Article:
Benzodiazepines (often referred to simply as benzos) fall into the category of central nervous system depressants. They‘re typically used to treat anxiety and sleep disorders.
They can also be prescribed as sedatives and as anticonvulsants (to treat epilepsy), and as muscle relaxants. Sometimes they are prescribed for “off-label” uses.
You‘ve probably heard of some of the brand-name benzodiazepines. They include: Ativan (lorazepam), Klonopin (clonazepam), Xanax (alprazolam), and Valium (diazepam).
They are often abused. They are often used in dangerous combinations with alcohol or other drugs. They can be quite dangerous even when used as authorized by prescription. When abused or taken in unsafe manners, they are extremely dangerous.
The Controversial History of Benzodiazepines
In recent years, researchers have been cataloguing the dangers of benzodiazepines. One study reported in Psychology Today described efforts to get feedback from benzodiazepine users in America and Britain. This report came just after a 2010 warning from the Medical Research Council that Valium and Xanax can cause permanent brain damage. Surprisingly, this warning actually dates back to the 1970s, when the rise of benzodiazepine prescriptions began.
Have researchers known about links between brain damage and benzodiazepines for almost forty years? Beginning in the 1970s, “vast numbers of people” started taking benzodiazepines to treat stress and anxiety. Even at this time, certain physicians and researchers worried about the dangers of these drugs. In 1975, a physician from the University of Tennessee indicated that benzodiazepines might be responsible for memory loss, saying, “I am very convinced that Valium, Librium, and other drugs of that class cause damage to the brain . . . and I am beginning to wonder if that damage is permanent.” Others echoed this finding, while also raising concerns about the addictive quality of the drugs along with other dangers.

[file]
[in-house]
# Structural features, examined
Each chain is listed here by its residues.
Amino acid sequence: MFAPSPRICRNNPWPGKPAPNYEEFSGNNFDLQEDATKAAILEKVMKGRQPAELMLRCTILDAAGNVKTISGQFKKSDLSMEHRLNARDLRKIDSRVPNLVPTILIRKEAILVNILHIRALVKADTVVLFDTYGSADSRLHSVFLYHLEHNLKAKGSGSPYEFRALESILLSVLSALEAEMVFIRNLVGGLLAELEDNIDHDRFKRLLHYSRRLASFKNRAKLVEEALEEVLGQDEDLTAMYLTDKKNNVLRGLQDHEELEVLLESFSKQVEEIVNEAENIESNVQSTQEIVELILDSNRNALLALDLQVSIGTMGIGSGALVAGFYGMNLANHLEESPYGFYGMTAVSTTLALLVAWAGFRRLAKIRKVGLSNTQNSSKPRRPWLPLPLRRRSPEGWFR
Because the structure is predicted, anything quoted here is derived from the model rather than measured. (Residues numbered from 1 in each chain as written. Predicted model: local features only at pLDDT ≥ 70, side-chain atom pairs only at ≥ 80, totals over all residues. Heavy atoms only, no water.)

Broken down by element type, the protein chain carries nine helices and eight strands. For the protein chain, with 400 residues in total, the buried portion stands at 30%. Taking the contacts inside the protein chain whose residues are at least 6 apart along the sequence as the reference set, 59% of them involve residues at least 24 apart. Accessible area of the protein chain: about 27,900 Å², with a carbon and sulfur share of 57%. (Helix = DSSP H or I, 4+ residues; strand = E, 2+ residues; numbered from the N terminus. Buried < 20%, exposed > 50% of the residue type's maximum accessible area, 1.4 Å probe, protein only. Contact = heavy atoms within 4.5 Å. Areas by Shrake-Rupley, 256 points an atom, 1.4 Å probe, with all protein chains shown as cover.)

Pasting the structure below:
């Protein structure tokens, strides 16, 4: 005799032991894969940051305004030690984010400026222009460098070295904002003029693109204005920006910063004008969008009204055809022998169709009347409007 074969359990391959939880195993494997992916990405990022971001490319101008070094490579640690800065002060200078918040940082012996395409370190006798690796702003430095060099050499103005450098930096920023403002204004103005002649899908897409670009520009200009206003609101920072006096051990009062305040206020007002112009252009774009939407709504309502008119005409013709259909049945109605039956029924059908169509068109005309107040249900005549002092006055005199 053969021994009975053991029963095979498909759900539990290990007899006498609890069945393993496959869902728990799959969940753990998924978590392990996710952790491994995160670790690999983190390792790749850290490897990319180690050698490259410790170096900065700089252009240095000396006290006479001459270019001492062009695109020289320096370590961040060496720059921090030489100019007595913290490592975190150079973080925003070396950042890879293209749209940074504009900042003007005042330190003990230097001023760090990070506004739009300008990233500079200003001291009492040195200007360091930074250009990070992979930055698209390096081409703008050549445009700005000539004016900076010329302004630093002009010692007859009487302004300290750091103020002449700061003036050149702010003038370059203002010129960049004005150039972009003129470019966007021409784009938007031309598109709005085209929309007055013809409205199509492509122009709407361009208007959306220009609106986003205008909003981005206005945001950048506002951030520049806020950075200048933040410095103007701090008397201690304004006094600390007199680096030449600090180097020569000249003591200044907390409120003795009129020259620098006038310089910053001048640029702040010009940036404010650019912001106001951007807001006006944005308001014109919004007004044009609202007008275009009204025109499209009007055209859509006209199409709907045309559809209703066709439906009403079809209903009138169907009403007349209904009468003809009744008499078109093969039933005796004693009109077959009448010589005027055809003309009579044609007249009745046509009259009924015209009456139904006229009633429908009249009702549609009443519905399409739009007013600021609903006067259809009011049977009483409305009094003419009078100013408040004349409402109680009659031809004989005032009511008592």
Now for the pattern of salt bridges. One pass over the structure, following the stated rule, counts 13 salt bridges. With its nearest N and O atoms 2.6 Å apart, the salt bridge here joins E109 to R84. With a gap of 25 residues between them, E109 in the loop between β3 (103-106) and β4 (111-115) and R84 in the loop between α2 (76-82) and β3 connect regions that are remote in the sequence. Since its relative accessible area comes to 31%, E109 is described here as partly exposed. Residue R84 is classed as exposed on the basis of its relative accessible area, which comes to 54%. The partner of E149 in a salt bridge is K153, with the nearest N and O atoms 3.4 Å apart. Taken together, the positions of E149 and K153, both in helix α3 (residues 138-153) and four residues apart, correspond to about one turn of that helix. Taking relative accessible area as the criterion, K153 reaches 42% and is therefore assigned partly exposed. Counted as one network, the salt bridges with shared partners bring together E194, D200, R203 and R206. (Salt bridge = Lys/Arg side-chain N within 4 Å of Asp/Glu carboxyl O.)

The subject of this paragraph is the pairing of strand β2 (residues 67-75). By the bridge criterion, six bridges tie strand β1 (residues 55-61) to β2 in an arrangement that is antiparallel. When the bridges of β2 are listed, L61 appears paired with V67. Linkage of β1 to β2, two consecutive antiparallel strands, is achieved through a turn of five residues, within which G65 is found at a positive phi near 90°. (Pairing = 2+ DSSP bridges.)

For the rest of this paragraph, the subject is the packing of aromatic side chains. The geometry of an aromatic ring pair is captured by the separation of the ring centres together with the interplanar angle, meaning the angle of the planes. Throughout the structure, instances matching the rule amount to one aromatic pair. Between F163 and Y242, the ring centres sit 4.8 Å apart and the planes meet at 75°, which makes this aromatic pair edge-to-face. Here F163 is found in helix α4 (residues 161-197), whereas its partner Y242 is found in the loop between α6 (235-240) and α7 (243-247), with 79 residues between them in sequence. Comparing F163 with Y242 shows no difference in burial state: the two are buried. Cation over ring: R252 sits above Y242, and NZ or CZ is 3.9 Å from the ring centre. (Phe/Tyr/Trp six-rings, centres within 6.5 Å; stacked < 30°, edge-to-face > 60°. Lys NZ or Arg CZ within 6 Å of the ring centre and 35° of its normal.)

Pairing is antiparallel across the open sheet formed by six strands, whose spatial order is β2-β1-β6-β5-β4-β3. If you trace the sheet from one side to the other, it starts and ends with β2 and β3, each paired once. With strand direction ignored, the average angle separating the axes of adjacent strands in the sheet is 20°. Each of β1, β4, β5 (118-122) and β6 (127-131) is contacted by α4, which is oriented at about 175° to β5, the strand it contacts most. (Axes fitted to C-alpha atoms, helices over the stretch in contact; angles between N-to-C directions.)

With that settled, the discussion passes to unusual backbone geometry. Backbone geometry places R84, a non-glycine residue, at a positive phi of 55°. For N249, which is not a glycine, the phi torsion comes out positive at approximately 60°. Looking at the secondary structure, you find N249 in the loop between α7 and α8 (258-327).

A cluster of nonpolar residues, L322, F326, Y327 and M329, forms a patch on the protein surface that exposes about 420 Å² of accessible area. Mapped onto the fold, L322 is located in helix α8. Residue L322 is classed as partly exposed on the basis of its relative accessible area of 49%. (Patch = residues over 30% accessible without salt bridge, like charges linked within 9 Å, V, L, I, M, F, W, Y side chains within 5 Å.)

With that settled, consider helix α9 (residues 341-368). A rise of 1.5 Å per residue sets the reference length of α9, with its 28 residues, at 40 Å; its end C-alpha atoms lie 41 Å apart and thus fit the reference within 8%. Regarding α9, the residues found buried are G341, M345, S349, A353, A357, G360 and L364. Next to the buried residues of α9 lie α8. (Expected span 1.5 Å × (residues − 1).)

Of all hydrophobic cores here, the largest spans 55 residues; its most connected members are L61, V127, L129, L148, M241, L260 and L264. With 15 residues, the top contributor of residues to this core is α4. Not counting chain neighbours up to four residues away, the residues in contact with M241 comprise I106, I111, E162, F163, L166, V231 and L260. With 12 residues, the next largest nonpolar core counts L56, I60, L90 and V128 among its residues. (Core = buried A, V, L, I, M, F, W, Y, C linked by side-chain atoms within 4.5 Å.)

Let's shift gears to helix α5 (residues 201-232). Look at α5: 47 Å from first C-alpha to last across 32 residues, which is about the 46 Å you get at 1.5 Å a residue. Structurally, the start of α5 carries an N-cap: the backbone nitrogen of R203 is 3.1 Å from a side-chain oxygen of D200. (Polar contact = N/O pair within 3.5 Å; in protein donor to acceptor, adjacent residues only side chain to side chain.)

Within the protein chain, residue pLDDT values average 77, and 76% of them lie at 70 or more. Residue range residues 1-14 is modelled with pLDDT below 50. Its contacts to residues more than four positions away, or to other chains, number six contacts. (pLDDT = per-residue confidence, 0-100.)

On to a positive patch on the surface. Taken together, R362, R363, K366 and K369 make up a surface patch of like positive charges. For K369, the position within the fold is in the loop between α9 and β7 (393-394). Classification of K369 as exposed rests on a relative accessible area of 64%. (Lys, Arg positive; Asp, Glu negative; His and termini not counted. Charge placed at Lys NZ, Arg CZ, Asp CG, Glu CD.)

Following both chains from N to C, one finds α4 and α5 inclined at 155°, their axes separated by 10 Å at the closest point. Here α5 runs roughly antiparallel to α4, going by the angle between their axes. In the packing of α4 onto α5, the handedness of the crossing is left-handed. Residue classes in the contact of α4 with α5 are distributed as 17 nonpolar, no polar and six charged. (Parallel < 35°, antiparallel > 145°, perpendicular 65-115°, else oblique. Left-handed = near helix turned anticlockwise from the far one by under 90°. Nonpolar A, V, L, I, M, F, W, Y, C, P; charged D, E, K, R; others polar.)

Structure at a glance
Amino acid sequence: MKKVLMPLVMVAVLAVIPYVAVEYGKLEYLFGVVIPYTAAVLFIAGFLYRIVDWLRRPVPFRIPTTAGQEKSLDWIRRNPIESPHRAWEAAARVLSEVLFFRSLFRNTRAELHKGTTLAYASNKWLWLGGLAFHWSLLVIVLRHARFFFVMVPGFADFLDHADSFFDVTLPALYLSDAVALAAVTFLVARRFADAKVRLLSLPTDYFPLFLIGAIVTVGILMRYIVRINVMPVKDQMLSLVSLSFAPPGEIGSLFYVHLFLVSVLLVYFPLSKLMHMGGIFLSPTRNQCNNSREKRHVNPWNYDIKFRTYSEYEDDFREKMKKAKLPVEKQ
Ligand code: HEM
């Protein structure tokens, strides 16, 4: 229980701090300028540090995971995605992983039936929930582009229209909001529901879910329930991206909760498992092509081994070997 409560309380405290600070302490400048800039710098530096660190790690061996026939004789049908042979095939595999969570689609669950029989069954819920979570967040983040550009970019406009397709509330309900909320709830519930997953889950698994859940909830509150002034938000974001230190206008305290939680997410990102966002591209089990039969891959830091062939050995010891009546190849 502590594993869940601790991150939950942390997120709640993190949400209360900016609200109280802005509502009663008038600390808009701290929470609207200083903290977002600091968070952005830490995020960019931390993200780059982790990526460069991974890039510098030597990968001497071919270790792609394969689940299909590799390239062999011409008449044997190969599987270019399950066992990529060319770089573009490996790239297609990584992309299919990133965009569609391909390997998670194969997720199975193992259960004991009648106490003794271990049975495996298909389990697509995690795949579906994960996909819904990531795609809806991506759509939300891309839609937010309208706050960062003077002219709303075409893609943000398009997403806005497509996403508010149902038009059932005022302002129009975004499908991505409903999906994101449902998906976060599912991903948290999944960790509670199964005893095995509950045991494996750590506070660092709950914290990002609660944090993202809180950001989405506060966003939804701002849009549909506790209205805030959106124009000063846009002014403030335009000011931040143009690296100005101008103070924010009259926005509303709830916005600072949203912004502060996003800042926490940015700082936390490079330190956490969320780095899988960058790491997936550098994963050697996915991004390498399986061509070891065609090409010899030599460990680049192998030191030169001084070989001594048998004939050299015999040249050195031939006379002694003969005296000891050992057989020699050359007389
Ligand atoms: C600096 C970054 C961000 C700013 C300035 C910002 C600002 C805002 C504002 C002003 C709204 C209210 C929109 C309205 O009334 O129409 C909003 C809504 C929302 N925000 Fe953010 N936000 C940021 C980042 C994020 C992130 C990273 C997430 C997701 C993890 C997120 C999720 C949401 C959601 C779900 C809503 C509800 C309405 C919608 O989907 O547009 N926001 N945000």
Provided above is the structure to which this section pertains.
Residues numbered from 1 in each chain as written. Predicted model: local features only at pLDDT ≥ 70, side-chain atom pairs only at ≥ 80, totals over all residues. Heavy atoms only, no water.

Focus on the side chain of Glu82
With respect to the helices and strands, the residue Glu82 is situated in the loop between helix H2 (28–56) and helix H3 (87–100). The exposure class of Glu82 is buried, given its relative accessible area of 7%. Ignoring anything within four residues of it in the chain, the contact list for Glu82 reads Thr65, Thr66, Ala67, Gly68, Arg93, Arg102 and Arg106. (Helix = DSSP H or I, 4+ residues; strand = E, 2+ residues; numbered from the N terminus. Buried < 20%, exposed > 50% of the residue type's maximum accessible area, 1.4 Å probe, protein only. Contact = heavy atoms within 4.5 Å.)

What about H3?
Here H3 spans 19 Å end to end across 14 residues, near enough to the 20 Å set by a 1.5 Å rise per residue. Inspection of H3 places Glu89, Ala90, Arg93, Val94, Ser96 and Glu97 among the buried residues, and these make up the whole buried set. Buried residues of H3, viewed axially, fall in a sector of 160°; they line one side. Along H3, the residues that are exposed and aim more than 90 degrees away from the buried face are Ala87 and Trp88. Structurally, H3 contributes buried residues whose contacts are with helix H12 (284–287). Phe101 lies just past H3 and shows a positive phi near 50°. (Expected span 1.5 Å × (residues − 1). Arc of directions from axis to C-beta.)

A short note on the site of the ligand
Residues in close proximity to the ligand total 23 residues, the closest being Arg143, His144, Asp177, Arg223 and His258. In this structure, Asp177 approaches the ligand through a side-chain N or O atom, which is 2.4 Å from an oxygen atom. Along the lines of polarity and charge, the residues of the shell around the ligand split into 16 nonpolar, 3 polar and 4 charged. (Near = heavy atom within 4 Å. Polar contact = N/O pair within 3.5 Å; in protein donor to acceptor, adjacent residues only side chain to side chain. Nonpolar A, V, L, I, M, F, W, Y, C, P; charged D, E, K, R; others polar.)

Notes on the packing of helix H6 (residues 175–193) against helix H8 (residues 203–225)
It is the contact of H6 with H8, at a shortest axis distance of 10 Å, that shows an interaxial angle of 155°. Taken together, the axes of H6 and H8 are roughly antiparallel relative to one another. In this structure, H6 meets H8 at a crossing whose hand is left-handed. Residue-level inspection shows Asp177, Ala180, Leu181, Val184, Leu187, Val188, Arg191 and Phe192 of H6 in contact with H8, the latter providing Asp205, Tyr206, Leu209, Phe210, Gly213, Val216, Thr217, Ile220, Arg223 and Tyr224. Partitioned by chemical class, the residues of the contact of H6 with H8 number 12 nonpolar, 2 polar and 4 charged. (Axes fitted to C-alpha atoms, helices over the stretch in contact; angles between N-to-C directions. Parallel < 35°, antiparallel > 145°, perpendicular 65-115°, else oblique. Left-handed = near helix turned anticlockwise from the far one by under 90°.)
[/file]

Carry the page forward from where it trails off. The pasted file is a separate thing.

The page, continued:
Nonetheless, benzodiazepines were very popular for that decade and into the 1980s, until the use of “benzos,” as they‘re called for short, waned in popularity with the rise of selective serotonin reuptake inhibitor (SSRI) antidepressants.
From the 1980s and into the 1990s, SSRI antidepressants such as Prozac, Zoloft, and Paxil gain prominence. During this time, several studies noted the dangers of benzodiazepines in comparison to the SSRI antidepressants, “including pronounced behavioral abnormalities and a serious risk of addiction.” Despite these findings, the drug class had resurgence in the early 2000s.
Known Dangers of Benzodiazepines
As benzodiazepines gained renewed popularity in America and in the U.K. in the 2000s, researchers voiced continued concern about the drugs in relation to addiction. In a 2002 Discovery Channel documentary, a researcher from the London Institute of Psychiatry explained that, while physicians had a pretty good idea in the 1970s that benzodiazepines posed a danger of addiction, they didn‘t have sufficient findings to curb the drug‘s use.
At that time, they had assumed that “only addictive personalities could become dependent, and that true addiction was unusual.” However, by the early 2000s, it was clear that “even people taking therapeutic doses” of benzodiazepines were at risk for addiction. With rising levels of addiction, other dangers became clear. Most notably, it is clear now that withdrawal from benzo use is highly dangerous, even more so that opiates such as heroin.
In addition, benzos pose a serious risk of overdose. Overdose can occur even with prescribed use. The risks of overdose increase dramatically when used in combination with alcohol or other drugs such as opiates. Unfortunately, this is far too common and often leads to severe injuries or death.
Possible Medical Negligence
The issue of medical negligence associated with benzo use most commonly come up in the context of withdrawal and overdose. In the case of withdrawal, a medical provider that fails to properly account for the dangers of withdrawal from benzos with resulting serious injury or death is almost by definition guilty of medical malpractice.
The same would hold true for doctors that prescribe benzos to patients known (or who the medical provider should have known) were likely to use the drugs in combination with alcohol or other dangerous drug combinations. Remarkably, there are mental health professionals who prescribe benzos knowing full well that their patient has alcohol and/or drug addiction issues. In fact, it may be that the patient is being treated for those very issues when he or she is prescribed benzos. Without proper precautions to protect the patient, this is inexcusable.
If you or a loved one has suffered serious injury or wrongful death in one of these contexts, then it is important to contact an experienced personal injury attorney right away.